3.7-5.6 mm. Elongate, subcylindrical and slightly broadened towards the apex, glabrous and entirely black or with dark brown appendages. Head transverse and rather flat, frontoclypeal suture obsolete or very weak, clypeus obtusely angled about the eyes , smooth, finely punctured and bisinuate anteriorly. Pronotum transverse and convex, broadest across obtuse posterior angles and narrowed to obtuse anterior angles, apical and basal margins curved, lateral border very narrow, basal border weak and widely interrupted medially. Pronotal surface with dual punctures; larger, evenly spaced punctures and more numerous smaller punctures. Scutellum elongate; constricted and almost parallel-sided in the basal half then narrowed to an acute apex. Elytra weakly curved from obtuse shoulders to a continuous apical margin, striae well-defined, punctured and slightly crenulate, interstices flat and very finely punctured, lateral margin very narrow throughout.  Basal segment of the middle and hind tarsi slender and at least as long as the corresponding tibial spur, basal segment of hind tarsi as long as the next three combined. In males the median tubercle on the head is usually well-defined, the pronotal punctures are sparser when compared to females, and the metasternal plate is concave. In females the head is almost smooth and the metasternum is flat.

Liothorax plagiatus (Linnaeus, 1767)

This species has a very wide Palaearctic distribution; it is widespread and locally common across Europe from Spain to Greece and north to the UK, Denmark and Southern Scandinavia, although absent from a few countries e.g. Italy and Macedonia. To the east it reaches Siberia, the far east of Russia and China, and it is widespread in Turkey, Syria, Lebanon, Jordan, Iraq, Israel, and Tunisia. In the UK it is very local and more or less exclusively coastal, occurring sporadically from the Humber estuary to Cumbria; it is common in North Kent and South Wales but otherwise very local and scarce. This is essentially a wetland species; in Europe it is associated with well-vegetated freshwater margins, agricultural land, permanently damp grassland and floodplains as well as coastal dunes and beaches while in the UK it occurs on dune slacks and sandy estuaries and is sometimes common among matted vegetation and algae in salt marshes and tidal creeks. Adults are present year-round, they overwinter among decaying vegetation or in the soil and are active from March until October or November, peaking in abundance during May and June but rarely seen during the warmest parts of summer, and the new generation appears in the autumn. The species is not associated with dung; both adults and larvae are saprophagous, feeding and developing among decaying vegetation although Jessop states ‘with small fungi growing in damp hollows in sand hills’, and in northern Europe larvae often occur among decaying vegetation and algae in salty coastal marshes. Adults are often common or even abundant where they occur, they fly in warm weather and sometimes swarm but otherwise may be found under stones or debris, where they often burrow into the soil, or by sieving decaying vegetation, especially on beaches or dunes where it has been partially buried by wind-blown sand.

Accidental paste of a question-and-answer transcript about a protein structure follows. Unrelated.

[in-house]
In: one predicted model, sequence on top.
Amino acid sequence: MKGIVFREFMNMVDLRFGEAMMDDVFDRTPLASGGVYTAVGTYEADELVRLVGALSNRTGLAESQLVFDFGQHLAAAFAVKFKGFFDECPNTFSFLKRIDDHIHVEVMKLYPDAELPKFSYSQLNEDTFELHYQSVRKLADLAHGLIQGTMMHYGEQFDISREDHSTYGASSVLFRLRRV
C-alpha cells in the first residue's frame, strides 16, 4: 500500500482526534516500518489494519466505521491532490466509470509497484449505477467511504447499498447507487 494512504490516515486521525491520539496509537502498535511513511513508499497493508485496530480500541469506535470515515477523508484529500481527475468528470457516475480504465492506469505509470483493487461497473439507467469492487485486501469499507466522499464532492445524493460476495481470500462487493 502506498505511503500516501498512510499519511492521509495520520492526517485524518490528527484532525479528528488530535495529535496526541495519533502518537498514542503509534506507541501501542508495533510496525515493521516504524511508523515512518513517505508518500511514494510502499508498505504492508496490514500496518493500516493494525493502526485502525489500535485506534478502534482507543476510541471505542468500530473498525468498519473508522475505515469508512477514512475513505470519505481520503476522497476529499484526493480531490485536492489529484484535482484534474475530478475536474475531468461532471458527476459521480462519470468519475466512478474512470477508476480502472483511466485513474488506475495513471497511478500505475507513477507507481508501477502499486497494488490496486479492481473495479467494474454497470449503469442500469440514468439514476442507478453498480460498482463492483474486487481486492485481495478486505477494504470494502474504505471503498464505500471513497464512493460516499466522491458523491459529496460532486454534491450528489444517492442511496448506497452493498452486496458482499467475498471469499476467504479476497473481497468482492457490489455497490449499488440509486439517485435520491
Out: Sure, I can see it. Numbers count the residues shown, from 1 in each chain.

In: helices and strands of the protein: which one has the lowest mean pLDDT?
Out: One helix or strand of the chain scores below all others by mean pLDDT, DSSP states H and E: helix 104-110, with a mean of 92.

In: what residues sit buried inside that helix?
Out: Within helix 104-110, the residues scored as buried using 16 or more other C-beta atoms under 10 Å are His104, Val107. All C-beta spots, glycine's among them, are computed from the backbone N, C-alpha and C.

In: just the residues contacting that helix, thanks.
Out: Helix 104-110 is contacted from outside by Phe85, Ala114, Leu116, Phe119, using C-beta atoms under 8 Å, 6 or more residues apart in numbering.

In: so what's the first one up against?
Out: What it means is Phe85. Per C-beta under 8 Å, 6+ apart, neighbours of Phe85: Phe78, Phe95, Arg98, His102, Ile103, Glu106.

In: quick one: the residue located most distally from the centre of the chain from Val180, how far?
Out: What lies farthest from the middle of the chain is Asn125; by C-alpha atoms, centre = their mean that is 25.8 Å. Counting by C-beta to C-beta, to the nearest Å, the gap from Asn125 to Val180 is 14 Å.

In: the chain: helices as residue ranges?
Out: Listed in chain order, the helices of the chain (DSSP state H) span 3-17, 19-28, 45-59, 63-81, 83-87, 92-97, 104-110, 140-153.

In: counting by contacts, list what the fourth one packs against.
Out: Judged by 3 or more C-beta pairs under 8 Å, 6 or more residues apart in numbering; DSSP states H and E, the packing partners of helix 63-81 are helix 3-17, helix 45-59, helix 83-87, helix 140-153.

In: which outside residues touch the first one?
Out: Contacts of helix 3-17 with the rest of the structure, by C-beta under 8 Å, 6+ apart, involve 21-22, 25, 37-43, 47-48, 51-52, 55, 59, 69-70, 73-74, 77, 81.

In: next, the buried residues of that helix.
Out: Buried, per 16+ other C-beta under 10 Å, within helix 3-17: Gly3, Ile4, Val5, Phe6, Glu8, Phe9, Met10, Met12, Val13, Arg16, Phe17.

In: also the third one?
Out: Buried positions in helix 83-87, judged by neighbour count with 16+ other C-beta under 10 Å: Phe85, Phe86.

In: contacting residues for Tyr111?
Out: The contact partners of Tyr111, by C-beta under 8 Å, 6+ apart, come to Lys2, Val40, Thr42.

3.0-5.0 mm. Elongate, convex and subcylindrical, glabrous and shiny. Body black, usually with a weak metallic reflection, clypeal margin and lateral pronotal margin narrowly brown, elytra often with an elongate red patch on the disc, appendages dark brown to almost black, usually with paler tarsi. Head transverse and proportionally large, clypeus variably rugose, obtusely produced and rounded in front of flat eyes and weakly sinuate medially, vertex and frons finely but not densely punctured throughout. Pronotum transverse, lateral margins strongly bordered and straight, almost parallel-sided, apical and basal margins curved and without borders, surface smoothly convex; without a median longitudinal impression, with dual punctures; larger and shallow punctures which tend to be sparse on the disc and more numerous laterally, and much smaller punctures which are more numerous and more evenly distributed. Scutellum narrow, almost parallel-sided in the basal half, triangular and pointed apically, microreticulate and very finely punctured. Elytra oval and only slightly dilated from rounded shoulders to a continuous apical margin, lateral margin very narrow throughout, about as wide as a discal stria, all striae narrow and finely punctured to the apex, interstices flat and very finely punctured. Basal segment of the middle tarsi shorter than the longer tibial spur. Basal segment of the hind tarsi longer than the following three combined and shorter than, or at most as long as, the longer tibial spur. Males may be distinguished by the more distinctly raised ridge on the head, more sparsely punctured pronotum and concave and finely pubescent metasternal plate.